A case study of human exacerbation of the invasive species problem: transport and establishment of polygyne fire ants in Tallahassee, Florida, USA
Understanding how exotic invasive species are spread is fundamental for ecology and conservation biology. Human transport has become one of the primary modes of dispersal for exotic species. We examined how the multiple queen, or polygyne, social form of the fire ant Solenopsis invicta is spread along roadsides in Tallahassee, Florida, USA. We then determined the likely source of this expanding population, which was a central soil depot. A survey of road maintenance practices in counties of several southeastern states and Texas revealed that the use of a central soil depot is a common practice. Road maintenance therefore may be the primary source for the establishment of new polygyne fire ant populations in this region and elsewhere. Control efforts focused on the soil depots will help to limit further spread of polygyne fire ants and perhaps other invasive organisms, particularly invasive weeds.
KeywordsHuman transport Invasive ants Polygyny Roadsides Soil depots Solenopsis invicta
We thank Leon County for information on roadside maintenance. We thank the “Winter Term Obies,” Joshua Greenfield, Samuel Slowinski, Madeline Logowitz, and Laura Russo, for their help with the Thomasville Road survey. This research was carried out with partial support from NSF grant IBN-0212085 and USDA-NRI-CREES grant 2003-35302-13565.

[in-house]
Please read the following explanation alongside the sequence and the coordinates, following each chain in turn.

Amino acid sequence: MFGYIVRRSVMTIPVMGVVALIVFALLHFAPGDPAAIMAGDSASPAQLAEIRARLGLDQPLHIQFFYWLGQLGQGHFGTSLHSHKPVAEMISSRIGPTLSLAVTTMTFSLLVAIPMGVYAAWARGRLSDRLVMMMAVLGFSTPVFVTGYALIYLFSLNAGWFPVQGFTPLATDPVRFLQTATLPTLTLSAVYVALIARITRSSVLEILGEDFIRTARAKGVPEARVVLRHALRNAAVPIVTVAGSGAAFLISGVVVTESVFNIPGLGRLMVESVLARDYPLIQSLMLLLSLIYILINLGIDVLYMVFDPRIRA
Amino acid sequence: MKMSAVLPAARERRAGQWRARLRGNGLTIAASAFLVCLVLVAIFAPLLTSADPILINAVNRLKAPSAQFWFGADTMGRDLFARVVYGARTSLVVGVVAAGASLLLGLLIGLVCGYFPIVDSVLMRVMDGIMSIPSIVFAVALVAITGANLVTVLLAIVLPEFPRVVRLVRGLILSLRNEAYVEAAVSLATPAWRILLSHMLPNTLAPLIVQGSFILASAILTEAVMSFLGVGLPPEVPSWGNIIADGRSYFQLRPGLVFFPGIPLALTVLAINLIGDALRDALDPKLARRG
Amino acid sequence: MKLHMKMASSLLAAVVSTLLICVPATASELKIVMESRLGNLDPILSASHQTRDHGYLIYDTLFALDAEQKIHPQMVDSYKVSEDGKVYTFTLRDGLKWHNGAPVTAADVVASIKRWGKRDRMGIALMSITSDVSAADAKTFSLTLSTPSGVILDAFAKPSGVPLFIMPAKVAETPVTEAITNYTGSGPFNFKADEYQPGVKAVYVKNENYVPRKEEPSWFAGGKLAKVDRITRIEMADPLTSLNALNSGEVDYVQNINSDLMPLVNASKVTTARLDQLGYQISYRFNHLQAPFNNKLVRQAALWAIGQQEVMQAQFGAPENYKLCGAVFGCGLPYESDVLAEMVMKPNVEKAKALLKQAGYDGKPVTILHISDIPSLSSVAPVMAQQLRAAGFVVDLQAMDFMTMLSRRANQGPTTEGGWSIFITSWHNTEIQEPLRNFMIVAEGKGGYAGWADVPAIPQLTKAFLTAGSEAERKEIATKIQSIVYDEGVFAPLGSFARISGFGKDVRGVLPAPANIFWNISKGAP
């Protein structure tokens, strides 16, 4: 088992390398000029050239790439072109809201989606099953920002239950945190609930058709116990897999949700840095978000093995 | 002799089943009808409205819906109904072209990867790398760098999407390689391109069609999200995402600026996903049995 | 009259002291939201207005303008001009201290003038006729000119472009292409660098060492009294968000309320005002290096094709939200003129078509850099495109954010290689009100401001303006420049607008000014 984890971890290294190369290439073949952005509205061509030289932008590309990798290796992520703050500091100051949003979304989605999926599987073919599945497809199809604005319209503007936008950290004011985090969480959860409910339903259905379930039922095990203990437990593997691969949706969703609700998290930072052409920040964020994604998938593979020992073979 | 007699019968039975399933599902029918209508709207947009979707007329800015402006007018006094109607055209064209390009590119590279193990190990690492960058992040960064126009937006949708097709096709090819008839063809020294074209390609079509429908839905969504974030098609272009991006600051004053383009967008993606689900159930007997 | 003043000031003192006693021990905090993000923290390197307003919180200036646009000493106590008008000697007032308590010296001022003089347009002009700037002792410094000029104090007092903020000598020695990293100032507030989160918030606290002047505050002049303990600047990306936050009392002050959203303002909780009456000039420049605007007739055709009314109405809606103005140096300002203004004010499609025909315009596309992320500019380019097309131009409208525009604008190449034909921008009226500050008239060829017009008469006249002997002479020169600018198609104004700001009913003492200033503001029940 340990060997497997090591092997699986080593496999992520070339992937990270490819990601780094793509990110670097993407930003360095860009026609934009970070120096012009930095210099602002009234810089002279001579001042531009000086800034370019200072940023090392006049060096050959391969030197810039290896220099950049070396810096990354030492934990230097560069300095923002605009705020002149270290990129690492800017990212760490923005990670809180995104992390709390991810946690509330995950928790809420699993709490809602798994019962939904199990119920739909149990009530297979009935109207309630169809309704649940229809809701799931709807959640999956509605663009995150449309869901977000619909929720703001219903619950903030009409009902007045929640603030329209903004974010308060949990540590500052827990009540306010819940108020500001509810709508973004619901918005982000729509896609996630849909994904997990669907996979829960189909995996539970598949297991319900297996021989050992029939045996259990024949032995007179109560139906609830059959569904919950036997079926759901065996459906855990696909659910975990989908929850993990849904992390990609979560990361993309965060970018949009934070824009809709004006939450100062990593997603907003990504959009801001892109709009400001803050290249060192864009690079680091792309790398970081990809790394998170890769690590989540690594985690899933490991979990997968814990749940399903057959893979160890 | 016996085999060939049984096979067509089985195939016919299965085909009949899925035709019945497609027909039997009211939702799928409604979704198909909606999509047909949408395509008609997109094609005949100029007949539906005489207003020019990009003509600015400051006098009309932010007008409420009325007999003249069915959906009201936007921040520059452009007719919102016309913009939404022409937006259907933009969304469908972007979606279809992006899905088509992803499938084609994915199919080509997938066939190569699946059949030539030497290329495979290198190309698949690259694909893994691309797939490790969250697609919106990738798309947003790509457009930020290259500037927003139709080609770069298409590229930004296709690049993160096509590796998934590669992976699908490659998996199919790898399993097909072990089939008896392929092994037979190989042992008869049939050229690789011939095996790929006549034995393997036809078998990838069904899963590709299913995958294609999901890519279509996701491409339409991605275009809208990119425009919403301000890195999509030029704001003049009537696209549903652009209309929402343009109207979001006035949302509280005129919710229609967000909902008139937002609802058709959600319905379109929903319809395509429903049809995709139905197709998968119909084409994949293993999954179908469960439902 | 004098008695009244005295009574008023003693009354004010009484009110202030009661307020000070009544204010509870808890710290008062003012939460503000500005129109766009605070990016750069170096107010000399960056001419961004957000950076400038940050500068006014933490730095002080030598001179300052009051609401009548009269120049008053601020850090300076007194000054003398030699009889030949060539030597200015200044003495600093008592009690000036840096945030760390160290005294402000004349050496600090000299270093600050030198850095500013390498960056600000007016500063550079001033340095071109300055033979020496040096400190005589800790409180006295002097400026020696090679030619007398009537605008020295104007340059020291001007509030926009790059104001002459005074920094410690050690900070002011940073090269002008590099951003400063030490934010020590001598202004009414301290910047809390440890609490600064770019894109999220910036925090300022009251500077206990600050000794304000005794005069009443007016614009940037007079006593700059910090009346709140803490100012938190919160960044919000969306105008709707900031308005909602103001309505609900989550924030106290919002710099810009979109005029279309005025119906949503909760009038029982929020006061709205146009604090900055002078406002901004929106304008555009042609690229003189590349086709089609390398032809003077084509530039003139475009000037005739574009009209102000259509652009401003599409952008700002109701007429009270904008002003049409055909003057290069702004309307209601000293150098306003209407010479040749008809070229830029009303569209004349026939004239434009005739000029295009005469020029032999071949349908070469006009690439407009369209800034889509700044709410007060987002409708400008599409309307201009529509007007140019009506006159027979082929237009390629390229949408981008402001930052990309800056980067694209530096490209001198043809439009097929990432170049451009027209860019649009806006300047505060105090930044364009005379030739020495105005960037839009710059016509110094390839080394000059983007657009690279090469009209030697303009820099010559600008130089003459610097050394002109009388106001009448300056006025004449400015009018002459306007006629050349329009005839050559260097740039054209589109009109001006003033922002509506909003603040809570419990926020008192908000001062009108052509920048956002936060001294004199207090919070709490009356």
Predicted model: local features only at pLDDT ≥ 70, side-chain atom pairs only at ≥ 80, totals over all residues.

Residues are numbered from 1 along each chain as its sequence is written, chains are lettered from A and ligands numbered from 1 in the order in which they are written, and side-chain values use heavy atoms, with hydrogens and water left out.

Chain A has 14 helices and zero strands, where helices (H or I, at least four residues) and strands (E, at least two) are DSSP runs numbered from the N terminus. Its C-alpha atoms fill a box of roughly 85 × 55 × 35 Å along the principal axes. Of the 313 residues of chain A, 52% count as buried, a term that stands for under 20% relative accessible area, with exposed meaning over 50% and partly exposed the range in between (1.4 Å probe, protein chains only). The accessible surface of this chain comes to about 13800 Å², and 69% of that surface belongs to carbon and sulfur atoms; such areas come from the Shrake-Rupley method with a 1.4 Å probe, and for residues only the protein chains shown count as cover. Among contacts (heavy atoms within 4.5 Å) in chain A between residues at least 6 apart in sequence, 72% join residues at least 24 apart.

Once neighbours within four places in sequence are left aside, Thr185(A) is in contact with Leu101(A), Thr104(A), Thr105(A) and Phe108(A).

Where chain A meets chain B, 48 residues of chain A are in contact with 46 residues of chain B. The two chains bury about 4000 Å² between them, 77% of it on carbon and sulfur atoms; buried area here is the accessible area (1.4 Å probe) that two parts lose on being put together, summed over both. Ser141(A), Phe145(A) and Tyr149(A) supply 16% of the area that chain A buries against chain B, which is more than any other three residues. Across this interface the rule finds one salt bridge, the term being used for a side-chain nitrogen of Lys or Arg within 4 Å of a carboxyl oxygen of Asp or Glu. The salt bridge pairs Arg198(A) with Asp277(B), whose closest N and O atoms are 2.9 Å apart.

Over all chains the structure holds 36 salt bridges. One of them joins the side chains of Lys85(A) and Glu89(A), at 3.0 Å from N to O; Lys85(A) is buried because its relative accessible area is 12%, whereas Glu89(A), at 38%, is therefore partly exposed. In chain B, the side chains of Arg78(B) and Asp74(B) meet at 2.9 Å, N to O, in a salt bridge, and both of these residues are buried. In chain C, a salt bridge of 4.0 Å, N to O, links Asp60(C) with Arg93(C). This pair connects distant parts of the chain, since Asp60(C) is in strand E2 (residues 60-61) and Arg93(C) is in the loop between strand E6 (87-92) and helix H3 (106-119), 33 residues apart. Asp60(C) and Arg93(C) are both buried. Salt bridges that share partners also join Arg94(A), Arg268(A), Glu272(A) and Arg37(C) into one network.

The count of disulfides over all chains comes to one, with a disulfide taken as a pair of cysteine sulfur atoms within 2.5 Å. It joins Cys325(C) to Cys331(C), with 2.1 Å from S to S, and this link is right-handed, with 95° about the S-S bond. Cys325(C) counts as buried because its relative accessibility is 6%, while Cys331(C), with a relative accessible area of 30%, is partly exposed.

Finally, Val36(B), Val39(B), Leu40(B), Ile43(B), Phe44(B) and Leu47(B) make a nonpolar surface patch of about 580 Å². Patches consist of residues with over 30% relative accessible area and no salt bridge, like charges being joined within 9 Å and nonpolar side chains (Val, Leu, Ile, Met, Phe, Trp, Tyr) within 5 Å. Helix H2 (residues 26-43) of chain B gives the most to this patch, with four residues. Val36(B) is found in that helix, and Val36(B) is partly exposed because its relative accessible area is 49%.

- Deyrup M, Davis L, Cover S (2000) Exotic ants in Florida. Trans Am Entomol Soc 126:293–326Google Scholar
- Glancey BM, Craig CH, Stringer CE, Bishop PM (1973) Multiple fertile queens in colonies of the imported fire ant, Solenopsis invicta. J Georgia Entomol Soc 8:237–238Google Scholar
- Lowe S, Browne M, Boudjelas S, De Poorter M (2004) 100 of the World’s worst invasive alien species: a selection from the global invasive species database. Invasive Species Specialist Group, GlandGoogle Scholar
- Macom TE, Porter SD (1996) Comparison of polygyne and monogyne red imported fire ants (Hymenoptera: Formicidae) population densities. Ann Entomol Soc Am 89:535–543Google Scholar
- Porter SD, Van Eimeren B, Gilbert LE (1988) Invasion of red imported fire ants (Hymenoptera: Formicidae): microgeography of competitive replacement. Ann Entomol Soc Am 81:913–918Google Scholar
- Tschinkel WR (2006) The fire ants. Belknap/Harvard University Press, CambridgeGoogle Scholar
- Vargo EL, Porter SD (1989) Colony reproduction by budding in the polygyne form of Solenopsis invicta (Hymenoptera: Formicidae). Ann Entomol Soc Am 82:307–313Google Scholar